Rigorous logic was also the leitmotif of both Mercedes-Benz, and its own 1972 grandmaster. The W116’s crushing superiority may have carried all before it, yet Sindelfingen engineers in their pursuit of “perfection down to the smallest detail” neglected a more nebulous quality – warmth. And it was perhaps this deficit which would over time undermine the 116 against more frangible rivals.
By 1979, the W116 had become perceived as something of a barge, and somewhat unusually for Mercedes, its rather overwrought appearance was deemed increasingly to resemble one. Nevertheless, between 1972 and 1979, when it was superseded by the even more impressive W126 model, 473,035 W116s were built – a phenomenal number considering its price, corpulence and the relative affluence of customers during those volatile times.
Class will out.
 A W116 innovation was the positioning of its fuel tank, which was sited in a protected position above the rear axle. The fuel filler neck was also deformable, to avoid breakage. This would become universal auto industry practice.
 The 1972 ESF 13 was followed by the ESF 22 (1973) and ESF 24 (1974), both of which were W116-based. Further studies would follow; Mercedes-Benz continuing the ESF programme to this day.
 The long wheelbase body was enlarged by 100 mm. Introduced with the 450 model, the SEL body was later rolled out across the entire S-Class range.
 Car and Driver were less than impressed with the S-Class as a luxury vehicle, stating for instance that… “the ride is exceptionally harsh for a sedan“. They went on : “The Mercedes transmits not only roughness to the interior but substantial amounts of noise as well.” They concluded, “we can only question certain priorities…” before going on to point out that the 450 SE “…in no way imparts the sense of luxury.” They concluded that its predecessor was the better luxury car.
 Car’s Ian Fraser had this to say: “Although the Merc’s body shape is new, and practical in all respects, it’s hardly likely to have people flinging themselves about in a frenzy of ecstasy upon first sighting it“, going on to suggest that ” to look like a Mercedes can be a goal in itself.” Fraser was also less than enamoured with the W116’s cabin, suggesting that “it looks somehow to have been cobbled up.” Incidentally, the W116 was apparently the last Mercedes design to have been styled under the supervision of Friedrich Geiger, prior to his retirement.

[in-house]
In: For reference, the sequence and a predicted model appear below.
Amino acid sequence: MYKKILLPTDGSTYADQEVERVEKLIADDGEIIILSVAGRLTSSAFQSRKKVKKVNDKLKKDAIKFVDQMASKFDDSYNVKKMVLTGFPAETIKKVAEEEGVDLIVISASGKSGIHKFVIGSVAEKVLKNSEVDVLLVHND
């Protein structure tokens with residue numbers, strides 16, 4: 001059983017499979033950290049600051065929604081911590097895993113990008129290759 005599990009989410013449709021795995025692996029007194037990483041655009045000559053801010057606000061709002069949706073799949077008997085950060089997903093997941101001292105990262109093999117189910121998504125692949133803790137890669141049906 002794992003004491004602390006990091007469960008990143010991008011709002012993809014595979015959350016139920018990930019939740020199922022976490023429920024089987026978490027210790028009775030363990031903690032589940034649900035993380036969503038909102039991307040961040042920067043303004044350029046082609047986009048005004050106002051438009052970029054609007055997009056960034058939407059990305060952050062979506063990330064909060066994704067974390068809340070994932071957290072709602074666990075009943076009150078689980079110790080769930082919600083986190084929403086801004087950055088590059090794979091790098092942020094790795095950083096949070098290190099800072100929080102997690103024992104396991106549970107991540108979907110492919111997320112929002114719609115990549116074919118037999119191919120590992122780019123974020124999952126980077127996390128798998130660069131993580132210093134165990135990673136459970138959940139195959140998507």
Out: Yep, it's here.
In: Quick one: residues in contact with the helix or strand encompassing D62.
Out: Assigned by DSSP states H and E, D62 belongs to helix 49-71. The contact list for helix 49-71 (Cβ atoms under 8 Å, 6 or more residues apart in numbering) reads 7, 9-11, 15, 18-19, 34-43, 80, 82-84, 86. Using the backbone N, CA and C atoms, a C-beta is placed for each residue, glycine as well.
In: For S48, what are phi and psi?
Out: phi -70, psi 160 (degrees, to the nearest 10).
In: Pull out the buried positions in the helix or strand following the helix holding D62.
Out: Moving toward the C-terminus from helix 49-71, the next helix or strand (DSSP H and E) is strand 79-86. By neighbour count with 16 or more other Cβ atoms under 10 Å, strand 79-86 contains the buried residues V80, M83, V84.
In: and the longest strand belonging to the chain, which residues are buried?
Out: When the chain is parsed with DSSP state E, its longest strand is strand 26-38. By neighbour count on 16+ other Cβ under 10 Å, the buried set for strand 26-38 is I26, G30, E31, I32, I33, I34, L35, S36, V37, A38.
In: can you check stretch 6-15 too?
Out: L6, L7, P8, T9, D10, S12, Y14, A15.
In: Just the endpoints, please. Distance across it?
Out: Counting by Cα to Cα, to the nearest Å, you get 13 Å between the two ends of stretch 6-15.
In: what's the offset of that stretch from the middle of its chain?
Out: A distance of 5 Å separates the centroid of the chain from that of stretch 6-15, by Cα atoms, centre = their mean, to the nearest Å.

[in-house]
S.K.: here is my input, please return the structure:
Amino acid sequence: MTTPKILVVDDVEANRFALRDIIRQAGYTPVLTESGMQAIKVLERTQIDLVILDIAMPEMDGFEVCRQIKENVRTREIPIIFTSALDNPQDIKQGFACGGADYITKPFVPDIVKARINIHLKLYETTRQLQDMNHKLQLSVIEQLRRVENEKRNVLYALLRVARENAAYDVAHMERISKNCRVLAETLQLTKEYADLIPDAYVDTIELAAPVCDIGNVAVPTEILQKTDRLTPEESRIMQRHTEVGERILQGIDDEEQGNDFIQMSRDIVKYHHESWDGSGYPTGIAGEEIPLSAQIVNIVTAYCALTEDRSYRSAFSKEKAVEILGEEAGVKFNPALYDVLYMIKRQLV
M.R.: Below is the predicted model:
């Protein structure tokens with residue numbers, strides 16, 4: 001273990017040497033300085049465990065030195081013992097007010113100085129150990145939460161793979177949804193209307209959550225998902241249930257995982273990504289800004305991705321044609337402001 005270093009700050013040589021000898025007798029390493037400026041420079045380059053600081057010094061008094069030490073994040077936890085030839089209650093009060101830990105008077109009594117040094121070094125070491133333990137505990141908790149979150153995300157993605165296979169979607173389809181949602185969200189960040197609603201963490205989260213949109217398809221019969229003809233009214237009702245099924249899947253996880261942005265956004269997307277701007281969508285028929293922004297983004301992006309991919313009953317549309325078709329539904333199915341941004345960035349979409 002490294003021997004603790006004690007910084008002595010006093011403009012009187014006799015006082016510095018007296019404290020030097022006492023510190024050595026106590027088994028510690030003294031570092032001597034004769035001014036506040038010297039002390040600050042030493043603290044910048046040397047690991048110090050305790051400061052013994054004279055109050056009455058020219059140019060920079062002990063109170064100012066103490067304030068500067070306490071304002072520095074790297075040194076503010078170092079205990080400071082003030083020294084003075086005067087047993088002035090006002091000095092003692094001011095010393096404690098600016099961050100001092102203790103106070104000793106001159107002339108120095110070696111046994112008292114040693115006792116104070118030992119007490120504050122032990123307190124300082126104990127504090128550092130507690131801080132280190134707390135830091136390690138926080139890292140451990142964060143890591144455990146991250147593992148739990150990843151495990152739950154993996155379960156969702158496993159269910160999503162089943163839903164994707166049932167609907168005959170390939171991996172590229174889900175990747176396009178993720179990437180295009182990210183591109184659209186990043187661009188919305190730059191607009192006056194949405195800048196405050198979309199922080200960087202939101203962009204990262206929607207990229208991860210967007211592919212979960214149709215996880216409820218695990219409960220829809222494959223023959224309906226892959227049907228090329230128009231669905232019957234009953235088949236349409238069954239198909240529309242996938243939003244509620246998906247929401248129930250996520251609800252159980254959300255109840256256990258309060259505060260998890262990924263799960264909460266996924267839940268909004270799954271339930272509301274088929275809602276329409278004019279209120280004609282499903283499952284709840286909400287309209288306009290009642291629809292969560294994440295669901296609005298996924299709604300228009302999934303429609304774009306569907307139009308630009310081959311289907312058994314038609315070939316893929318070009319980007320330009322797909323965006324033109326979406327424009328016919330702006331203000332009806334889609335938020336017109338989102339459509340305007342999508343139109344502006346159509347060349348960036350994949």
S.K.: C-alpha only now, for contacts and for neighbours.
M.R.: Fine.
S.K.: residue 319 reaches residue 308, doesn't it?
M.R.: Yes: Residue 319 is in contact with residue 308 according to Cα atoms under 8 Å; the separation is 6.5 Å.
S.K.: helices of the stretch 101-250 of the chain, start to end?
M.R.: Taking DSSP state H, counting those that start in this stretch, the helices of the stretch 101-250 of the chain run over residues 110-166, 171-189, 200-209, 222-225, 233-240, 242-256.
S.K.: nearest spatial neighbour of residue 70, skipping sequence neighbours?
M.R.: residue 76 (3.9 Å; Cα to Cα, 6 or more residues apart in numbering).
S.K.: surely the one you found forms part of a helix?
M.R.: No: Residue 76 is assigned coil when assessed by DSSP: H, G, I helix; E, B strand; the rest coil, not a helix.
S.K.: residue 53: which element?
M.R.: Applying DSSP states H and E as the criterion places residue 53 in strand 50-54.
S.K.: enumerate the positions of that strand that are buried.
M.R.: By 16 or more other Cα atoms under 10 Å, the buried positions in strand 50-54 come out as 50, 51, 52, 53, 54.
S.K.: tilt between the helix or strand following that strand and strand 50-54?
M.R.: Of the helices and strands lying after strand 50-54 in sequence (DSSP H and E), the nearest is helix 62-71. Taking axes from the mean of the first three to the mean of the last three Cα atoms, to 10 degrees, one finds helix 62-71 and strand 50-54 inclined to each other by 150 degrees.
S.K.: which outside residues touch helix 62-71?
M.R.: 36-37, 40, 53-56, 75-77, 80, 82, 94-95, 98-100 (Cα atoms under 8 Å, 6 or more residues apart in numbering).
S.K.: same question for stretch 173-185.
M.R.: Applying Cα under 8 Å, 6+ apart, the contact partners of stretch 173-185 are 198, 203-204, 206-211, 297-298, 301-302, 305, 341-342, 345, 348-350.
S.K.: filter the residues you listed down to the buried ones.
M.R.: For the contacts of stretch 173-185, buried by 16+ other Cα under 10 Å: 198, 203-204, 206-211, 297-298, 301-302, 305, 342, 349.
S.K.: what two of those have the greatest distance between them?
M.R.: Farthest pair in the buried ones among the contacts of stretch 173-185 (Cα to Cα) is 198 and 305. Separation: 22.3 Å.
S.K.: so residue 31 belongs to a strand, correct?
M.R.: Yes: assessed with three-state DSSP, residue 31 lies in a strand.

In 1978, the fully electronic Bosch ABS anti-lock braking system was introduced on W116 as an option.
 Efficiency this time would be the Mercedes-Benz watchword. The W126 series saw the S-Class truly come of age.
 The very last W116 (believed to have been a 300SD model) emerged from the Sindelfingen production tracks in 1980.
Engines: W116 was introduced in Europe as the 280 S (carburettor), and 280 SE (fuel injection); both using the 2.8 litre Mercedes M110 twin-cam straight six. The 350 SE was fitted with the M116 3.5 litre V8 unit (also fuel injected). In 1973, the M117 4.5 litre fuel injected V8 was introduced as the 450 SE and SEL. (The 450 model was standardised for the US market from launch). In 1978, a 3.0 litre 5 cylinder turbocharged diesel model was introduced into the North American markets to help Mercedes conform to Corporate Average Fuel Consumption (CAFE) regulations. As US fuel prices rose and austerity bit, this would prove an astute move on the Swabian’s part.
Sources: Car and Driver August 1973/ Car Magazine (November 1972/May 1973/June 1975)/ Mercedes Classic/ w116.org/ 500sec.com/ Mercedes-world.